Blocking cells' movement to stop the spread of cancer

July 07, 2014

Insights into how cells move through the body could lead to innovative techniques to stop cancer cells from spreading and causing secondary tumours, according to new UCL research.

Scientists discovered that cells can change into an invasive, liquid-like state to readily navigate the narrow channels in our body. This transformation is triggered by chemical signals, which could be blocked in order to stop cancer cells from spreading.

Most cancer deaths are not due to primary tumours, but to secondary tumours in vital organs, such as the lungs or brain, caused by cells moving from the original tumour to other places in the body.

The study led by UCL researchers and published today in the Journal of Cell Biology, used embryonic cells to investigate how groups of cells move in a developmental process similar to that used by cancer to spread around the body.

The team report a molecule called lysophosphatidic acid (LPA) changes cells from a solid-like to a liquid-like state, allowing cells to flow between normal tissues in the body. Scientists were able to switch off the signals from LPA, stopping the cells from moving down narrow, blood vessel-like channels.

Lead scientist Professor Roberto Mayor (UCL Cell & Developmental Biology), said: "We have found a way to stop the movement of embryonic cells by blocking LPA signals. It is likely that a similar mechanism operates during cancer invasion, which suggests a promising alternative in which cancer treatments might work in the future, if therapies can be targeted to limit the tissue fluidity of tumours.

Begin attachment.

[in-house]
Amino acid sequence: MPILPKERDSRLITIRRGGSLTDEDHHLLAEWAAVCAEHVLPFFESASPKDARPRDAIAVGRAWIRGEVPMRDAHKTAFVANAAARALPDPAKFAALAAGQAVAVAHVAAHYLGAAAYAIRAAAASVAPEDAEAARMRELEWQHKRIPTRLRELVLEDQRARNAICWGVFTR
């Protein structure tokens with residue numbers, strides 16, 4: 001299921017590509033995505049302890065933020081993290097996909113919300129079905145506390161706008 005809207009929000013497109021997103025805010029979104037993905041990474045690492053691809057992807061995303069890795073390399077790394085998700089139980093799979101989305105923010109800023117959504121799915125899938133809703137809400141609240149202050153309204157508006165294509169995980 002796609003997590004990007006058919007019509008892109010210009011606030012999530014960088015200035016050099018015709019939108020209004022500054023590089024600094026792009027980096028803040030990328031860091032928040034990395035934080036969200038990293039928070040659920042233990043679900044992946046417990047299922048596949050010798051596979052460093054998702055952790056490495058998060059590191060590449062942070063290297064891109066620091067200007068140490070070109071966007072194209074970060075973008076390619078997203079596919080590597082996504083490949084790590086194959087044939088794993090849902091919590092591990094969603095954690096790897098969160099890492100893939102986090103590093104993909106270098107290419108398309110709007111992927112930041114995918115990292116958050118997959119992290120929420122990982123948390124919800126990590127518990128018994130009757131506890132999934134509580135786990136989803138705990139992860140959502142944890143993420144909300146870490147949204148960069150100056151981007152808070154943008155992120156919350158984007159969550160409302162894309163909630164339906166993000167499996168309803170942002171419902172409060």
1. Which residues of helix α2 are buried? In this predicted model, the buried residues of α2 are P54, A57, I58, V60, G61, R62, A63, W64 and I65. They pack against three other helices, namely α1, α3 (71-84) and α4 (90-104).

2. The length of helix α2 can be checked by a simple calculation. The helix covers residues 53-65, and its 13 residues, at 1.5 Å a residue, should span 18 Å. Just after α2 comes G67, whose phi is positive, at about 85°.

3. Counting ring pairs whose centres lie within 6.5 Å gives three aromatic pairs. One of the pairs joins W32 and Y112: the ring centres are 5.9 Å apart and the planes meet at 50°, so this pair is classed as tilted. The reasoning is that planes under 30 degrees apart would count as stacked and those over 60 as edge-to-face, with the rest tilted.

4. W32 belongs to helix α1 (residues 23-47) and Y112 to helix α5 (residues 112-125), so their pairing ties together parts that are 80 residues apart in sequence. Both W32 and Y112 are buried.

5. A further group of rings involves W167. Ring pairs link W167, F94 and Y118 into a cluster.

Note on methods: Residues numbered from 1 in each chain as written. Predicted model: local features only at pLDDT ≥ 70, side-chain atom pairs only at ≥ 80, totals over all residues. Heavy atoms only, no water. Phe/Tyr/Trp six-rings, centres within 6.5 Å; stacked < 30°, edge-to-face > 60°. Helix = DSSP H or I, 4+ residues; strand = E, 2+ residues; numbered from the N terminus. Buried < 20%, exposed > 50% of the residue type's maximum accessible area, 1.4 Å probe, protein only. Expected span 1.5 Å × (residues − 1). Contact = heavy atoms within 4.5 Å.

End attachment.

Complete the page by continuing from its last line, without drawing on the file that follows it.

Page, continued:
"Our findings are important for the fields of cell, developmental and cancer biology. Previously, we thought cells only moved around the body either individually or as groups of well-connected cells. What we have discovered is a hybrid state where cells loosen their links to neighbouring cells but still move en masse together, like a liquid. Moreover, we can stop this movement".
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The work was co-authored by researchers at Kings College London and Cambridge University, UK and Akita City University, Japan.

University College London

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